WLAN Management Takes Center Stage

The union of Aruba and AirWave creates a powerful combination

Aruba's announcement today that they are acquiring AirWave is of course interesting to anyone who follows the WLAN industry, but its significance extends far beyond WLANs alone. Management has traditionally been one of the less interesting aspects of networking, perhaps because so few people are actually involved in it on a day-to-day basis, and those folks tend to speak in obscure dialects and sit behind consoles in dimly lit rooms.

But if the network is indeed the circulatory system of the enterprise, these guys are the ones who make sure the heart is within normal operating parameters, and all the arteries and veins are free of plaques and clots and otherwise working at peak efficiency. And, of course, these guys are only as good as the tools they build their solutions on. Management is to my way of thinking is in fact going to become the critical differentiator in networking (wireless and wired) as we move ahead. A solid management offering will be the part of a proposed solution that wins deals.

AirWave specializes in vendor-independent WLAN management. I like their product a lot, and, while all of the major enterprise-class WLAN systems vendors have capable and often robust management platforms, there's a lot to be said for going the (formerly, anyway) third-party route. Think about this:

  • Many enterprises are going to wind up, over time, with a number of different WLAN systems. This might be because purchasing was done by multiple departments or over a number of years as part of separate bids, or because the operations guys didn't get involved in the buying decision so as to argue for the simplicity that a single-vendor solution usually brings. Regardless, a single console for all of the WLANs has obvious value here.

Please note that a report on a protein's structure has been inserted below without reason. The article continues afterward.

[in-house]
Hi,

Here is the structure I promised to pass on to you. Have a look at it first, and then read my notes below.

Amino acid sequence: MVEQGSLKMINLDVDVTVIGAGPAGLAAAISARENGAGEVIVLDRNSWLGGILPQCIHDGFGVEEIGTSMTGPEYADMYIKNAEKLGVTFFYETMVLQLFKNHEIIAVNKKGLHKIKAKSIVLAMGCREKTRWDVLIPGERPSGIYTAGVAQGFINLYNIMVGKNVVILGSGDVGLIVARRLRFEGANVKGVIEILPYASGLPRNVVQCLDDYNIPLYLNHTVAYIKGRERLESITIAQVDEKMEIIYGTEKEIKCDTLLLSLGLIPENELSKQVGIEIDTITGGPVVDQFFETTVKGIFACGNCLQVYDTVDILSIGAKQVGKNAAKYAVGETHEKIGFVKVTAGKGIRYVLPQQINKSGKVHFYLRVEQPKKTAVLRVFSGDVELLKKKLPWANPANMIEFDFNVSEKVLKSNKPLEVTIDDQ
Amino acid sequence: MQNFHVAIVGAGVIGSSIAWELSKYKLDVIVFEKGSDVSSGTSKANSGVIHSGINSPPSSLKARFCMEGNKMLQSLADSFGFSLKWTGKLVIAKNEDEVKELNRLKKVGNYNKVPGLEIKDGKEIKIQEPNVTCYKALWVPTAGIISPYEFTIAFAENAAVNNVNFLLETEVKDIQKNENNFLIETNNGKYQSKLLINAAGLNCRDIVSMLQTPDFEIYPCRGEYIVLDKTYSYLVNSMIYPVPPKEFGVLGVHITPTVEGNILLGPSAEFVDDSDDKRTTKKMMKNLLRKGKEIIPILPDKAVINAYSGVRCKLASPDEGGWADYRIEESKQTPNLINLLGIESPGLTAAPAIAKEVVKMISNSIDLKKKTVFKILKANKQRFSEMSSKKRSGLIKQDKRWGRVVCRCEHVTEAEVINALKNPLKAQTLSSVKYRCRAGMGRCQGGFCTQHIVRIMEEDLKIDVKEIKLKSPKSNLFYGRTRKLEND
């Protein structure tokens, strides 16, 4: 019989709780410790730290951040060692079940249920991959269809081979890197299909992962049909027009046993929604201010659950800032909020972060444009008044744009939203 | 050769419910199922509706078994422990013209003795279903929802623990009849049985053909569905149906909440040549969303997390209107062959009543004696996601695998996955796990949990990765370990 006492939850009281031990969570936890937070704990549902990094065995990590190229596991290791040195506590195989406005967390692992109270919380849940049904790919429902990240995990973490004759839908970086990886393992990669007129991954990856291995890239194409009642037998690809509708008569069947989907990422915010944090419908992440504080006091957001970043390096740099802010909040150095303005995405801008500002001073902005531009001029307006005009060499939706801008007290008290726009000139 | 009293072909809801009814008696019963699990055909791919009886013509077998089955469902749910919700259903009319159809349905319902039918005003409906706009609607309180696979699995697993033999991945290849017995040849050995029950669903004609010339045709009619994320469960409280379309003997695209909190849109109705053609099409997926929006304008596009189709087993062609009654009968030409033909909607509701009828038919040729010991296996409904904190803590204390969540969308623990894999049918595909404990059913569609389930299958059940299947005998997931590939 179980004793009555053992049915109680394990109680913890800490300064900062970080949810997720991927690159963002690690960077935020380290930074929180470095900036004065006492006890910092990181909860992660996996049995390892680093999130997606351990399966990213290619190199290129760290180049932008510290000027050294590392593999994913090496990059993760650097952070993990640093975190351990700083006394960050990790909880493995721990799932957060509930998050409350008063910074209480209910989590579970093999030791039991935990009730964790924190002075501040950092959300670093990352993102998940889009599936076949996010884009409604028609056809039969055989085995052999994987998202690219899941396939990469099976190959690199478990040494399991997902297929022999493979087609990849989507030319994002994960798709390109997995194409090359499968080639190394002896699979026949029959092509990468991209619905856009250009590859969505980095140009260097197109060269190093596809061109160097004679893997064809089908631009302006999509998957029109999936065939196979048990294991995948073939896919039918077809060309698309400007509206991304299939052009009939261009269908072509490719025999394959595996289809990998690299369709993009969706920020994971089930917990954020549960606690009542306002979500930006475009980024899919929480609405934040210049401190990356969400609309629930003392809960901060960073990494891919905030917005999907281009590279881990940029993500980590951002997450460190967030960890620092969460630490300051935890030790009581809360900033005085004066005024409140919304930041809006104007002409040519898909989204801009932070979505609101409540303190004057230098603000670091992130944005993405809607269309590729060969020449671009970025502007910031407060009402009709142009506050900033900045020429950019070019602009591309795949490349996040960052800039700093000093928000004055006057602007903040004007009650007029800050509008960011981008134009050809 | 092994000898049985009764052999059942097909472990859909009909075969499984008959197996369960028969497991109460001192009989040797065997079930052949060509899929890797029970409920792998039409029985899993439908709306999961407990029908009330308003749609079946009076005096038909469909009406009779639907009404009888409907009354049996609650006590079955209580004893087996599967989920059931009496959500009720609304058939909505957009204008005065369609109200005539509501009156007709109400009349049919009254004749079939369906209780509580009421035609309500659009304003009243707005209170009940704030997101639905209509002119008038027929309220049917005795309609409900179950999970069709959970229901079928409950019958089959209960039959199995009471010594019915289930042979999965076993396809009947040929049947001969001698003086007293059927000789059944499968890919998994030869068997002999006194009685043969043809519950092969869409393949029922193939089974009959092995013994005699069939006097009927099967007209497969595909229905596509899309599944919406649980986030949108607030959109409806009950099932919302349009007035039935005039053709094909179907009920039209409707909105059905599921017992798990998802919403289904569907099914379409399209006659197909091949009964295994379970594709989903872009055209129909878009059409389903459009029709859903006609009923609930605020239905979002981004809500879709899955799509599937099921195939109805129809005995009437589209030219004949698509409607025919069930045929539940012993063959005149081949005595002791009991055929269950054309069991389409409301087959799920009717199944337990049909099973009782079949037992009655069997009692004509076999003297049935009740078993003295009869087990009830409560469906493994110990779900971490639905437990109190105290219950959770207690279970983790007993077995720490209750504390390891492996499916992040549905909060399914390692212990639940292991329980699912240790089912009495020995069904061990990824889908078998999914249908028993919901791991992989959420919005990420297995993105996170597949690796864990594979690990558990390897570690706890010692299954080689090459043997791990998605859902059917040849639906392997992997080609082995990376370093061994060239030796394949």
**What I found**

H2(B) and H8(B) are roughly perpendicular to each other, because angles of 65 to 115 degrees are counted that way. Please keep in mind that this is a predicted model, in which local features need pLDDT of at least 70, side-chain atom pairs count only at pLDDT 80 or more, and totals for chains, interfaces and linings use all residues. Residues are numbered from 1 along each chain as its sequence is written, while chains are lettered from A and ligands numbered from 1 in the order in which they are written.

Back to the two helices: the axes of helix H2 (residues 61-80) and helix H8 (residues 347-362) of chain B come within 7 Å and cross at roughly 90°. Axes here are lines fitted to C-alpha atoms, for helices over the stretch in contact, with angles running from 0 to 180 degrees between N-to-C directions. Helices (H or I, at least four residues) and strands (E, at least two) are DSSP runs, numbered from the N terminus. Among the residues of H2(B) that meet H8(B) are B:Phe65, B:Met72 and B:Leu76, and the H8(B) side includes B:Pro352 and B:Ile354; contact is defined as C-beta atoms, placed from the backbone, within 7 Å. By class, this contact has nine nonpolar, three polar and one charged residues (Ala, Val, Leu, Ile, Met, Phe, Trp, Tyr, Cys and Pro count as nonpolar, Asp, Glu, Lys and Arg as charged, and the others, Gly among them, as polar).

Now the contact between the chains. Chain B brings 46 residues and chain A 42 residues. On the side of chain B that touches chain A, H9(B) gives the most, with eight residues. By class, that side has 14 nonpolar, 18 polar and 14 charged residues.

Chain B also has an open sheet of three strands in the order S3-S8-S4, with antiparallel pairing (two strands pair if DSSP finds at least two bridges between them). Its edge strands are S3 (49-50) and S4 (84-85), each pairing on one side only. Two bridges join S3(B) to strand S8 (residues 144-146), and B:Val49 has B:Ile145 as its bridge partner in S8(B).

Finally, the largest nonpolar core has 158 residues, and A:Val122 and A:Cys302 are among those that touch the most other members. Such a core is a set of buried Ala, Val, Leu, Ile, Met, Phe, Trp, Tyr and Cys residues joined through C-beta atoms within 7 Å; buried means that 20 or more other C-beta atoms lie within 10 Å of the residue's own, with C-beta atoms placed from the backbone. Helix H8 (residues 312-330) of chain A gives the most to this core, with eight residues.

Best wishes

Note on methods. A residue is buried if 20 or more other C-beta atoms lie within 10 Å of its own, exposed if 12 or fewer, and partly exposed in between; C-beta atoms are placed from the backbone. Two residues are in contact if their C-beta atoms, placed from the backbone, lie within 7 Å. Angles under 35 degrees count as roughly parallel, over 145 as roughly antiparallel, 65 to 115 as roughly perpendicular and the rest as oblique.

• Next, there's an increasing need to manage across large geographies - multi-site management is critical is lowering operational expense. I wrote my first paper on this topic almost four years ago, and I believe more than ever that the ability of a management system to handle large, distributed operations is critical.
  • Finally, consider that what we really need is a vendor-neutral management platform that can handle both wired and wireless networks - initially just LANs, but eventually extending across wired and wireless WANs to the management of individual users, applications, and devices. That's where the big bucks get saved.

I'm not saying either Aruba or AirWave is going to jump on this unified-network opportunity right away, just that the union of Aruba and AirWave creates a powerful combination that is going to set the pace for the next set of advances we're likely to see in what is, again, a critical but often underappreciated element of essentially every enterprise network. And if this level of capability is not in your network operations plan today, it's definitely time to start thinking along these lines.